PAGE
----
Considering Judaism2022 Sep 10
Judaism is the oldest of the Abrahamic religions.
This post derived out of a consideration of my own religious perspective, and why I think that the applicability of Judaism as a religious perspective is limited.
Judaism is based on a covenant which established a theocracy. The god of Abraham made this covenant with the descendants of Israel. (Jacob aka Israel was Abraham’s grandson.) It was not a contract, which is an agreement that remains in effect only as long as both parties continued to fulfill it. It was a covenant, a promise by the parties which remains in effect even if one party fails their part.
Essentially, if the Israelites kept God’s commandments, God would preserve them and see that they stayed in a land that God had promised to them. And if they failed to keep the laws, God gave them no promise of protection and would eject them from the land.
Archeology has given strong support to the Jewish history as seen in the Jewish Bible (the Christian Old Testament). As one example, the Bible talks about a people which were otherwise unknown. For many years these Hittites were doubted to have been real. Then, extensive archeological discoveries validated their existence and substantial civilization. This and other similar evidences give credence to the general biblical history and the teachings as truthful.
As biblical history shows, the Jews did not keep God’s laws. So they were exiled to Babylon and the Jewish nation collapsed. Some of the exiles returned some generations later and restored their religious systems. This return had been foretold by prophets. However, this restored remnant did not remain indefinitely in the land. Jerusalem was sacked by the Romans in 70 AD, and Jews in the area dwindled. Arguably after this, the promises of God for the Jewish people were completed and had no renewal.
In mid last century a new Jewish state was established. It is a secular state and it does not seek to fulfill the original covenant with God. For example, God required the Jews have altars and do regular animal sacrifice (Exodus 20:24). The original Israelites did do sacrifices, and the Jewish group that returned from Babylon also did (all the way through to the time of Jesus). However, the modern Jewish state does not do this, and no religious Jewish people do sacrifices either, even though this had been essential through the whole Biblical history. note
Why does Judaism no longer do sacrifices? This is a mystery to me because this had been so absolutely central to the religion before. Did God direct this change? It does not seem so.
It seems that Jews are waiting for a temple to be restored in Jerusalem, since that was the place the sacrifices were previously done. However, even before the first temple was made, sacrifices has been done legitimately in many places. The only requirement was that a legitimate priest was the one doing them. In fact after the first temple, sacrifices were still done properly both away from the temple (Elijah on Mt. Carmel - 1 Kings 18), or without a temple (Ezra 3:4)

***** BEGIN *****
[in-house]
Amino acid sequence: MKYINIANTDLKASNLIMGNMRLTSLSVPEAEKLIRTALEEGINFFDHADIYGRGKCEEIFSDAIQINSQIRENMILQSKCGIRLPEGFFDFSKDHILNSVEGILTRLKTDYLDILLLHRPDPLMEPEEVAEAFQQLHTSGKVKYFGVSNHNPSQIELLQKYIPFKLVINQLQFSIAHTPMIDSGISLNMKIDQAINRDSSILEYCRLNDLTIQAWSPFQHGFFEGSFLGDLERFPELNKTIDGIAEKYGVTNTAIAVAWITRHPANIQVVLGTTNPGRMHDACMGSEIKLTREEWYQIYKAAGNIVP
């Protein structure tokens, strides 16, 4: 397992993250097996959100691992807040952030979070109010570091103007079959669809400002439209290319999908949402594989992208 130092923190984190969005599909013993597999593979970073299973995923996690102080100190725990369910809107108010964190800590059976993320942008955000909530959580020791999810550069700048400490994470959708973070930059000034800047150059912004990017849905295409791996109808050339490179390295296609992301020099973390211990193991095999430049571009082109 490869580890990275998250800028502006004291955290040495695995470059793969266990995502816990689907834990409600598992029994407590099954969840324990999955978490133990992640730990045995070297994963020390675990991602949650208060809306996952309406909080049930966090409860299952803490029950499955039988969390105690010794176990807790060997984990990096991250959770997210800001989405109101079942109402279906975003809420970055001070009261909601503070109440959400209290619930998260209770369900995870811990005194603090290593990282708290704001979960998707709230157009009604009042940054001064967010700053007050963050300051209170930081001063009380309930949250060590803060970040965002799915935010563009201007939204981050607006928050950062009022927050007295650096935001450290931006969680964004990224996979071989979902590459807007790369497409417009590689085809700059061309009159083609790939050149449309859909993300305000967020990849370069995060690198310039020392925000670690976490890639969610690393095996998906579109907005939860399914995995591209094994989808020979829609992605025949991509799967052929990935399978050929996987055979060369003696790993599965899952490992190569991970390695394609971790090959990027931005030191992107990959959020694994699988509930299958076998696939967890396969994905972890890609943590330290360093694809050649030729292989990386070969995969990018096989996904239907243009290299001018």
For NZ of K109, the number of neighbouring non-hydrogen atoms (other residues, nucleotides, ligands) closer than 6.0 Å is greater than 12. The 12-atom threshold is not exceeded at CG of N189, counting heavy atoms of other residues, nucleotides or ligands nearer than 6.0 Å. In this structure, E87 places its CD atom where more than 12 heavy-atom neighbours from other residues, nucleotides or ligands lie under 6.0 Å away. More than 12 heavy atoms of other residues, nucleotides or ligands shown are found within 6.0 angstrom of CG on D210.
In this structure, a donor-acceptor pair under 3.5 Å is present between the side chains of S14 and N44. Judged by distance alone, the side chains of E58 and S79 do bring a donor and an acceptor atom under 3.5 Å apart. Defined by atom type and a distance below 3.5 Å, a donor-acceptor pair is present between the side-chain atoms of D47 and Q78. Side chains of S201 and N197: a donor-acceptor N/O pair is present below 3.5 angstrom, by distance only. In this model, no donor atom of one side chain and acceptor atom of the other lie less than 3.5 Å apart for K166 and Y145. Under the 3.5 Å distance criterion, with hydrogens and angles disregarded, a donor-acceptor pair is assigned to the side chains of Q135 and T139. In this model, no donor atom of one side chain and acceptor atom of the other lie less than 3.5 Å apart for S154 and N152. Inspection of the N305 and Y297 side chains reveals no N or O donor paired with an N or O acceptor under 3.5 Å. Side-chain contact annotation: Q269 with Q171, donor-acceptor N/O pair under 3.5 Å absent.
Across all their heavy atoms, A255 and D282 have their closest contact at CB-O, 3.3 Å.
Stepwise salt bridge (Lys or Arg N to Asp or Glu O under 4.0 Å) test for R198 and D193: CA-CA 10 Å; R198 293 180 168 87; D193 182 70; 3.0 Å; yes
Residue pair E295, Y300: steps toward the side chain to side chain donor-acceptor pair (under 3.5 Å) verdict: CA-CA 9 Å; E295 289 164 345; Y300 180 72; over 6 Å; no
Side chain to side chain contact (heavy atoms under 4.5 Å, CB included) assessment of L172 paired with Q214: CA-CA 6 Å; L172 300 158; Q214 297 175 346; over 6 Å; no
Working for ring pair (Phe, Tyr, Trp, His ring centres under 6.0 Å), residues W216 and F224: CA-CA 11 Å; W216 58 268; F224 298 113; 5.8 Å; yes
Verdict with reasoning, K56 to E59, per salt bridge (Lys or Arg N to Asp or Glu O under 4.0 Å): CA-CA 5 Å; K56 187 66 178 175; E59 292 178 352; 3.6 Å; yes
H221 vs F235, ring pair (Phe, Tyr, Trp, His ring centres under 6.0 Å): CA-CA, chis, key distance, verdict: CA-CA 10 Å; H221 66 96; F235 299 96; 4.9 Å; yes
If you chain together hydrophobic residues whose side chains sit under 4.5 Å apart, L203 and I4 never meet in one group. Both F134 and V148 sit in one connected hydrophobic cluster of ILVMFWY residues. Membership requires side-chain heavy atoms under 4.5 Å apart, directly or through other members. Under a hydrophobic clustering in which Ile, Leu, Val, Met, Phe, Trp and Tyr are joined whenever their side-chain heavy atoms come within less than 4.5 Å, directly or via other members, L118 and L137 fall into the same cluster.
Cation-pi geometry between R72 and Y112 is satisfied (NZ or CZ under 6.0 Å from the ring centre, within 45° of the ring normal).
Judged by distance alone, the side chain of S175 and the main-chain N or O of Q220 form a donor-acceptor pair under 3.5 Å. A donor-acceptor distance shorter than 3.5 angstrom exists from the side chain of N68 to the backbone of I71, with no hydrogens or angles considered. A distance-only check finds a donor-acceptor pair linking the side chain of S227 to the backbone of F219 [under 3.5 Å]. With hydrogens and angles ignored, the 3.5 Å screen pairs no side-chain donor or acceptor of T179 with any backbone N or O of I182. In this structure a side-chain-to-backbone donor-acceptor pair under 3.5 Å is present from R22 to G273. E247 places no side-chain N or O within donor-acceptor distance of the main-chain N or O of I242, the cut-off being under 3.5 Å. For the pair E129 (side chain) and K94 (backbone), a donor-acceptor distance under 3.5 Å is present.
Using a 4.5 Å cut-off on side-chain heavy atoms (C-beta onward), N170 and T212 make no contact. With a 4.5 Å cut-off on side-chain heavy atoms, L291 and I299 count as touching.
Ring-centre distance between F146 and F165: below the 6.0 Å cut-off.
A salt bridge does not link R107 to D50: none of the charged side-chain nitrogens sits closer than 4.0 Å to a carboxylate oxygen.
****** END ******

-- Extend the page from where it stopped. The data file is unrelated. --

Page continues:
However, Jesus is the lamb of God (John 1:29), God's ultimate sacrifice for sin. He fulfilled the law and after him no sacrifices would be needed (Luke 23:45, Romans 3:25).
Curiously also, within a generation of the time of Jesus, the Jews stopped sacrifices. Yes, their place of sacrificing was destroyed after Jerusalem was sacked by the Romans. But if it really was important, they would have found a way to continue. Somehow in their minds sacrificing lost that critical importance.
Although I expect they would disagree, it is almost as if the Jews did agree that sacrifices were no longer needed after (or because of) what Jesus accomplished.
Judaism seeks to worship the god of Abraham, but it no longer is the same religion as originally established by God. On this basis I wonder if Judaism as a religion is satisfactory to God as presently practiced.
However, Judaism does teach a single, supreme, moral, rational and caring God. It teaches love for God. It teaches moral human behaviors based on the ideal of god's morality. All this is right, admirable and consistent.
From the start, Judaism was an agreement with a specific people. As such, it was not intended to be for all people. (It is not a proselytizing religion although there are some non-Jews that convert to Judaism.) However, if God is the god of all, then presumably there would be a way for all to come to God. Judaism arguably is not that religion.